His passion soon captured the imagination of their Orthodox father, who shortly thereafter became the leader of a Zionist movement in their town, and embraced secularism.

“It wasn’t easy for Orthodox families to do that, but we did,” Lefton said.

In 1933 Yitzhak moved to Palestine, where he served with the Jerusalem Police, and later became the Secretary of the Chamber of Commerce.

Meanwhile, back in Poland, Lefton said that in 1935 tensions began to mount against Jews, and in 1936, at the age of 16, along with the remainder of her immediate family, she moved to Jerusalem, under the British Mandate.

In Jerusalem her father was forced to take whatever manual-labor jobs he could muster to make ends meet. Meanwhile, Lefton and her siblings attended school, where the teenager developed a life-long love for poetry and painting that continues to this day.

However, it would not be long before world strife found its way to Lefton’s new life.

In August of 1939, while walking home, she said a student from a nearby German school who was influenced by Adolf Hitler’s rhetoric, detonated a bomb in central Jerusalem, seriously injuring Lefton and 13 others.

She sustained very serious shrapnel wounds and was immediately rushed to Hadassah Hospital, where she remained for several months.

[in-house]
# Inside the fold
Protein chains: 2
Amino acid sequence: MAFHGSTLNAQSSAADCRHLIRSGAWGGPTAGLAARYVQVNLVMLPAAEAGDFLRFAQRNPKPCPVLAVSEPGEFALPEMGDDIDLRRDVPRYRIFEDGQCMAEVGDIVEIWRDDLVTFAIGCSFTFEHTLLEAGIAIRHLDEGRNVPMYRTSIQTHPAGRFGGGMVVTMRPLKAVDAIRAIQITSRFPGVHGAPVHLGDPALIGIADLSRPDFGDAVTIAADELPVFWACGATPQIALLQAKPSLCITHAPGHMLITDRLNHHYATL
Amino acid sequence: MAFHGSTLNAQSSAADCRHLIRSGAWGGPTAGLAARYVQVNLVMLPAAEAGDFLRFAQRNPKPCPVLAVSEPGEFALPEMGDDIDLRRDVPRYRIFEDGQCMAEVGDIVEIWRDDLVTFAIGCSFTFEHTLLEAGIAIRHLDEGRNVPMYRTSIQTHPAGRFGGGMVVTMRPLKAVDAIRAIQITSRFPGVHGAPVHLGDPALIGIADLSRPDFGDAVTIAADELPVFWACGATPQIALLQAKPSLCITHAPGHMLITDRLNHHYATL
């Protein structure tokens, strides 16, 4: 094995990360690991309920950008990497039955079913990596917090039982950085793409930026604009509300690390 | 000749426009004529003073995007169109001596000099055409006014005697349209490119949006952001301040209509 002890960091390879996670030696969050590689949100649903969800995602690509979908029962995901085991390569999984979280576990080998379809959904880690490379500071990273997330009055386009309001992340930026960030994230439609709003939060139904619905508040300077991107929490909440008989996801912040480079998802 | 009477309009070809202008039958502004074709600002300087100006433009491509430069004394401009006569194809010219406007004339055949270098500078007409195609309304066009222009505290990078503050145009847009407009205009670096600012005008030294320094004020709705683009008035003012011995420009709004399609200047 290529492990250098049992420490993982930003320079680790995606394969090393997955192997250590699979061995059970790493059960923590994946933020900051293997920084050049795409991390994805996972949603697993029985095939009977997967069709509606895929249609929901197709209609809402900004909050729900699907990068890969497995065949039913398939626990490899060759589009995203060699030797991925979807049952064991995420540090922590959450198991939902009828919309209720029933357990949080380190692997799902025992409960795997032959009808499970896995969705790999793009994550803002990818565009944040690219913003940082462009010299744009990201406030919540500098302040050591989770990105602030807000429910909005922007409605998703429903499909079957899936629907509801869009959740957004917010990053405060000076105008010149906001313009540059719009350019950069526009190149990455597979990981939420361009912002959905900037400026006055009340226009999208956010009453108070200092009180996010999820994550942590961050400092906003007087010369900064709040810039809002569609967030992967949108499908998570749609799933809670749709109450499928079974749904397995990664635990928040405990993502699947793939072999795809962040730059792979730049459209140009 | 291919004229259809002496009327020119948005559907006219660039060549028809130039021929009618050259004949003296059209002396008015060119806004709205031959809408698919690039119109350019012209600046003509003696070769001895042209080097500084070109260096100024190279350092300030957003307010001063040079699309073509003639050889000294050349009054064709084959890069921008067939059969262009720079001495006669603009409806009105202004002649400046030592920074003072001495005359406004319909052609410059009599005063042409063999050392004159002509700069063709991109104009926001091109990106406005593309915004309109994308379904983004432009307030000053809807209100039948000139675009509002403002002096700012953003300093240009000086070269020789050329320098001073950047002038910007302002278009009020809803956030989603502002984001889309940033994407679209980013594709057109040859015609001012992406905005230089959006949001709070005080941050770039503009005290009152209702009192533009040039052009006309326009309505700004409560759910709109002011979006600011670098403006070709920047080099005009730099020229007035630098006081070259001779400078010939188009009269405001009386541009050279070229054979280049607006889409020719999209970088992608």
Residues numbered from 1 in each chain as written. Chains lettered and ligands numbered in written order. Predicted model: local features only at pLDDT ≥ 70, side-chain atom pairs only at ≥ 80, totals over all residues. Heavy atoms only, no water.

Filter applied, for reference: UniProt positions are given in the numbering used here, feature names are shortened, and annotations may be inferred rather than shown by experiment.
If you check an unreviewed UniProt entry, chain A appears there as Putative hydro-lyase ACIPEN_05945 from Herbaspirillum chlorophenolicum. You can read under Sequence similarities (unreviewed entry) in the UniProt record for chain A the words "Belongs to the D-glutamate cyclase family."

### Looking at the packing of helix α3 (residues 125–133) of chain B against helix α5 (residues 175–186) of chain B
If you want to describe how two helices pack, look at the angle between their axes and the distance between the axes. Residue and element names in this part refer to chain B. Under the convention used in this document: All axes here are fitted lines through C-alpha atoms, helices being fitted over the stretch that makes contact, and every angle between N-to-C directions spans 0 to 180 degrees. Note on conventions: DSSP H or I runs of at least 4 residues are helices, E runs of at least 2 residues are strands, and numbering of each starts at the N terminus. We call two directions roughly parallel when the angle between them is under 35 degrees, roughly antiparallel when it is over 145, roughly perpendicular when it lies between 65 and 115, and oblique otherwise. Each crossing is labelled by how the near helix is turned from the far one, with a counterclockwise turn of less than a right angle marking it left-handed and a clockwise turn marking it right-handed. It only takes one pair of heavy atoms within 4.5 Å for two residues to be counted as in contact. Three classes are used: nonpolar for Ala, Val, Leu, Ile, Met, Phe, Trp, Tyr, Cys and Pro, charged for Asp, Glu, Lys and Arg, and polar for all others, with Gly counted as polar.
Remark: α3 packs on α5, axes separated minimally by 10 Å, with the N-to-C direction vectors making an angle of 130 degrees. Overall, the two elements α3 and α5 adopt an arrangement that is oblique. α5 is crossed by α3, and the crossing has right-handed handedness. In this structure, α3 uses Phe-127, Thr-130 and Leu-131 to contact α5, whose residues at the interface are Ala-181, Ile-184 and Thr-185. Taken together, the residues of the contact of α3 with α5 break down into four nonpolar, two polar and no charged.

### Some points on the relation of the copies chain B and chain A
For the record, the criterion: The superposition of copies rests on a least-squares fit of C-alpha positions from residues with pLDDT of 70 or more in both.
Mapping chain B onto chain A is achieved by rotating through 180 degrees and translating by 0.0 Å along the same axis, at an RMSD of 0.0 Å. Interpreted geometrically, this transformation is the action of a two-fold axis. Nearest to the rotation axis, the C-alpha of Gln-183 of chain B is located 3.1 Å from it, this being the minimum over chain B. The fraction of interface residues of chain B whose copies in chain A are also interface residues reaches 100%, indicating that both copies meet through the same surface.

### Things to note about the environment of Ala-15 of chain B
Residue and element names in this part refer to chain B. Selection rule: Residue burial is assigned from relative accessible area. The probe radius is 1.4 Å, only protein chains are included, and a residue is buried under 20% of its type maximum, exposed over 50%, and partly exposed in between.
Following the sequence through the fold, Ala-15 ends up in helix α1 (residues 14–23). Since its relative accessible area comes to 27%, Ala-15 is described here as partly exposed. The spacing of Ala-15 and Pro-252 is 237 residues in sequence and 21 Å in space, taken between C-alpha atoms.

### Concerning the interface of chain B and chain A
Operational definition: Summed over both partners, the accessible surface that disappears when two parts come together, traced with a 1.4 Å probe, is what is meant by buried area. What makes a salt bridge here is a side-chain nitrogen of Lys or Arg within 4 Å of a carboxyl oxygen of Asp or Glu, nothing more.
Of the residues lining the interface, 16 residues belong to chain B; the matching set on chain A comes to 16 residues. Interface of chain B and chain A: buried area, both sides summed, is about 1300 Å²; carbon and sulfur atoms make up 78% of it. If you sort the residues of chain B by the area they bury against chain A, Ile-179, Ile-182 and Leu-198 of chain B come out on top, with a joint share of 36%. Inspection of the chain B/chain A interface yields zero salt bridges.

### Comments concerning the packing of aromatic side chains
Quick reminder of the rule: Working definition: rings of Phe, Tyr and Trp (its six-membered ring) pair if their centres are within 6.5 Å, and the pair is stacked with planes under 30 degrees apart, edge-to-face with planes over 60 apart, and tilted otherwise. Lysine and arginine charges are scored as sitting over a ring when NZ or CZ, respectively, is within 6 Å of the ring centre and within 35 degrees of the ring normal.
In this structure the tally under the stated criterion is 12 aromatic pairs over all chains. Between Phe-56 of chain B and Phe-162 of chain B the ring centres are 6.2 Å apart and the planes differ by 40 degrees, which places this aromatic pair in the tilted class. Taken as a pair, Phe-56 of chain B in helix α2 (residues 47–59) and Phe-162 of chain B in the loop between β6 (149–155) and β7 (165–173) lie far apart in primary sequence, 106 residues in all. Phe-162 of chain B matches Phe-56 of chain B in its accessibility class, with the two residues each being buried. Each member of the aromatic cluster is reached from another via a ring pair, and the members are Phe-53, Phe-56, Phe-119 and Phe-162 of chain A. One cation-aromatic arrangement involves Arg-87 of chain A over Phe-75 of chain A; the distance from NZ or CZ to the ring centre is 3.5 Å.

The scars from her wounds remain visible to this day.

While convalescing in the hospital, Lefton wrote one of her first poems about the horrific experience:

My life just 18 years old
spent in happiness with my family and friends,
growing up, engaged in studying,
eager and happy for learning and working.

One August evening warm and calm
my life was shattered by a bomb.

I grew old.
I was on the way home
to see my dear mother
when fire struck me,
grilled my flesh.

There were not tears
but mother on my lips.

I sunk into oblivion
then to death.

For a time I was there
somewhere in a new land.

One day I was awake – old,
old. No more a child.


After concluding a grueling regimen of physical therapy to recover from her most serious injuries, Lefton joined the British Army in 1942 as a nurse in Palestine.